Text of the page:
This is a brief interview of Stephen Rosenberg, the CEO of Greystone, being interviewed towrds the end of last year about trends he sees happening in multi-family. Greystone is a multi-family lender based in New York City.
Of the number things he speaks about, the one thing that jumped out at me when he mentioned it was long term fixed rates at 2.5%.
Think about that for a second.
The Fed has been making funds available to banks for close to 0% for a number of years now, and I think we must be getting used to it. Maybe it’s mentioned on the news enough that it just goes in one ear and out the other. However, for multi-family investors who have been around for a while, i.e. since before 2001, we recognize that 7-8% is more normal.
It’s time for a reality check.
Although it’s unlikely interest rates will be going up in the next few years, rest assured, there will be a point in the future when they do start increasing again. It might be five years, it might be ten years, who knows. But when interest rates do start inching upwards, everything will change, and the opportunity that today is staring apartment investors in the face, the ability to buy good solid properties with long term 2.5% fixed rate mortgages, will be gone.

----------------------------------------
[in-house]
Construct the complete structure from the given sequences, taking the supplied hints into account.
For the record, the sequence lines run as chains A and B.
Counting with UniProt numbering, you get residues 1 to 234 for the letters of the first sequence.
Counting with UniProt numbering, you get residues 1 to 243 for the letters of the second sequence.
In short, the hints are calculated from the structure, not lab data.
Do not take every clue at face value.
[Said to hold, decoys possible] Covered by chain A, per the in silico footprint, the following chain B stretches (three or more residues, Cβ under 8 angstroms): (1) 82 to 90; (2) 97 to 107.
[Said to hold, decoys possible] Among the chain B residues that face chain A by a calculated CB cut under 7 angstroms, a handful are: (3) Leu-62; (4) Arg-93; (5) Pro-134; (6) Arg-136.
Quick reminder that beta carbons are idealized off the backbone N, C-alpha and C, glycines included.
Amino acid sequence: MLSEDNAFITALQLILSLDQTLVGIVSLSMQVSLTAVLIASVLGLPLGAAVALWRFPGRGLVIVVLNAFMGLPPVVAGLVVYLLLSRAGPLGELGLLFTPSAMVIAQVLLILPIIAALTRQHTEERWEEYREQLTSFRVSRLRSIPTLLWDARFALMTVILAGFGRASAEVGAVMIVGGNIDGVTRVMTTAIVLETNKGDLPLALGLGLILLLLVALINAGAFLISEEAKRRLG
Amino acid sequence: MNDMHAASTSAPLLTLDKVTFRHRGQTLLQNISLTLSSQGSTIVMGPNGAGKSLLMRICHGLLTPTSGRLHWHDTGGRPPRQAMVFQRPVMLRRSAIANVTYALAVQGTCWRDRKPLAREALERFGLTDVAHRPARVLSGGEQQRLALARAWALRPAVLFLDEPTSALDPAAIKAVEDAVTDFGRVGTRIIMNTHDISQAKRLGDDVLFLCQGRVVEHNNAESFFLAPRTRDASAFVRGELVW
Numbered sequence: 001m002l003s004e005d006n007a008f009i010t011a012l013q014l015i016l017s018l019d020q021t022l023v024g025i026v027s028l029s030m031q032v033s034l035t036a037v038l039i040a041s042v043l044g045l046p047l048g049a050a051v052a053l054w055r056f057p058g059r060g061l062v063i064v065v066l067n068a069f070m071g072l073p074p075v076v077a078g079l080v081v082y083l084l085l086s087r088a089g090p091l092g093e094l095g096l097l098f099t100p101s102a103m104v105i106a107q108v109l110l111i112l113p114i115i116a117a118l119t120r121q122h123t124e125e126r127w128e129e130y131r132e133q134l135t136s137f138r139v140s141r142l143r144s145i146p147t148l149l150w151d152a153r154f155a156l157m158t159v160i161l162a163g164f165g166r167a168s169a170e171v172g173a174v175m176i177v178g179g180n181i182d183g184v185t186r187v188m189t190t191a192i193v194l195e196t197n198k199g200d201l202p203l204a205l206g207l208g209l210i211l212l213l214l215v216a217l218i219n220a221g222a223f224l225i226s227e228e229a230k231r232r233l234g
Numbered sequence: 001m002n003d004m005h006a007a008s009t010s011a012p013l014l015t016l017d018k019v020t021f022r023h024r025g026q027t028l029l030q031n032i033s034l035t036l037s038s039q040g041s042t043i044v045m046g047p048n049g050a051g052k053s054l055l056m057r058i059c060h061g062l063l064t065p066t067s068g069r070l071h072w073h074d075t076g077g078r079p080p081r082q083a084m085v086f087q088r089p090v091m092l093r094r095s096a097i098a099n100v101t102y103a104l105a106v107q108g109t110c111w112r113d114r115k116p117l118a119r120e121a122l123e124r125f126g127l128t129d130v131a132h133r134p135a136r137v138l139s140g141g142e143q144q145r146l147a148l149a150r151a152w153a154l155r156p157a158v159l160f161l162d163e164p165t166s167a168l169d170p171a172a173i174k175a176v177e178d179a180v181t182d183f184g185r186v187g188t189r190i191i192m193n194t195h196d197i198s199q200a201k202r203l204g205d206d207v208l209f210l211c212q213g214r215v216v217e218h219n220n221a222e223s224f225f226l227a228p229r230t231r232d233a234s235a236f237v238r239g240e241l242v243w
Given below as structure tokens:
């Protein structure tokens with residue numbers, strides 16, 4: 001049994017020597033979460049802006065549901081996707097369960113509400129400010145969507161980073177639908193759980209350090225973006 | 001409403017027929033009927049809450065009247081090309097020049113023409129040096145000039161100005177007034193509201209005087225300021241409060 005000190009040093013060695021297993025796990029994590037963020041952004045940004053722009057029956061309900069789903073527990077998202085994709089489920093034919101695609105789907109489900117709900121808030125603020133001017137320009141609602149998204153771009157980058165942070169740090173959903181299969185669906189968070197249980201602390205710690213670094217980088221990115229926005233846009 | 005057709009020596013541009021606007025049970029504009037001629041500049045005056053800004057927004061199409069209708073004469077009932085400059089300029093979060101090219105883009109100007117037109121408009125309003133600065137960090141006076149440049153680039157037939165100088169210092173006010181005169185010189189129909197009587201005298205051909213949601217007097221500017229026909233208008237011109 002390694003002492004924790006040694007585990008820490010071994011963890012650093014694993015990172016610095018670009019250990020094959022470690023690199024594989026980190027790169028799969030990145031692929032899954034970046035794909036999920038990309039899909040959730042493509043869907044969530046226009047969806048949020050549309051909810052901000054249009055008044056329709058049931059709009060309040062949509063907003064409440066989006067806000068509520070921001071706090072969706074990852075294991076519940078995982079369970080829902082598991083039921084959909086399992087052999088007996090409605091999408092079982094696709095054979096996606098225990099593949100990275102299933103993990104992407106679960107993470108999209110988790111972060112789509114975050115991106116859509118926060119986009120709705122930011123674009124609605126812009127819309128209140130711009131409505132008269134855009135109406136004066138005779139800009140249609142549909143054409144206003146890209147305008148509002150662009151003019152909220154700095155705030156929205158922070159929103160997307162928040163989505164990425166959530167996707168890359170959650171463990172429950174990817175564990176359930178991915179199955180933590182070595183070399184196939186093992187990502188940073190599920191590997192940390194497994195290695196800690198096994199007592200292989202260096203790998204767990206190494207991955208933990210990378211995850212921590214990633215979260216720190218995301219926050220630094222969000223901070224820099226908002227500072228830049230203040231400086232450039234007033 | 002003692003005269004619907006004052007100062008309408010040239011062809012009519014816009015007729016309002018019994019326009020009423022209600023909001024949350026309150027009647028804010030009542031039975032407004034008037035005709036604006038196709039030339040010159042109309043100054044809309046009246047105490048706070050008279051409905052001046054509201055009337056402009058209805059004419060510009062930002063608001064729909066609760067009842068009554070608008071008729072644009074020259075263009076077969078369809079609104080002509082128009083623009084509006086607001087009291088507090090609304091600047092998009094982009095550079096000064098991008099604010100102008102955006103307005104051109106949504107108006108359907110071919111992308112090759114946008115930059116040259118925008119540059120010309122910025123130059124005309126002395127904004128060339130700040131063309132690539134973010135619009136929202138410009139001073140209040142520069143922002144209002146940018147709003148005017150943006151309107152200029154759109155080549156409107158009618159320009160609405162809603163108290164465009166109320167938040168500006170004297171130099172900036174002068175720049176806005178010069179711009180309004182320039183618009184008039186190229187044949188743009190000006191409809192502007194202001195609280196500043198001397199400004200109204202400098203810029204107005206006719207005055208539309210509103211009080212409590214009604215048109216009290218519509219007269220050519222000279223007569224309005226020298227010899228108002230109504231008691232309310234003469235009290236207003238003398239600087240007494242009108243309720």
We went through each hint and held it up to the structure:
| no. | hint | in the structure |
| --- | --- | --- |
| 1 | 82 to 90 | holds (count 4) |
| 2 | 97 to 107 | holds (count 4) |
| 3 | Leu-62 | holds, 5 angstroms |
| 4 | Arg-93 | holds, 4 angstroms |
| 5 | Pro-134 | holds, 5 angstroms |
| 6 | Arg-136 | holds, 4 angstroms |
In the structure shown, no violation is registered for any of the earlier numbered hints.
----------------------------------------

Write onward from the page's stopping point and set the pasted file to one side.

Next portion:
If you are in any way interested in apartment investing, now is not a time to hesitate. Now is a time to act.
Truthfully how does one buy an apartment building with no money down? I mean, the idea of buying an apartment building with a multi-million dollar price tag, without putting any money down just seems preposterous! Is it real? Can it be done?
It is very real, and yes, it can be done. There are probably a few thousand apartment entrepreneurs across the country doing it right now. Let’s break it down and look at it, because once you understand apartments a little more you’ll see that buying this way is just the most effective way to put deals together.
First of all, “no money down” is misleading. There are always down payments made on apartment deals. Paying a down payment is the only way for a lender, or seller if owner financing, to minimize the risk they incur by extending purchase money financing. The more down payment the buyer puts in, the more likely they are to make the payments. End of story. So no seller or lender is going to extend 100% financing on any apartment deal, there will always be a down payment required.
However as an apartment entrepreneur, you don’t put up your personal money for a down payment. To cover the down payment, closing costs, fees, earnest money, rehab cost, and any cash requirement the deal has, the smart thing to do is use Other People’s Money.
In French, entrepreneur means ‘problem solver’. Let’s face it, an apartment entrepreneur’s entire brief is to take a property which is essentially just a giant mass of problems, and one by one, sometimes two or three at a time … solve them. And that applies at the very beginning, when you are buying the property.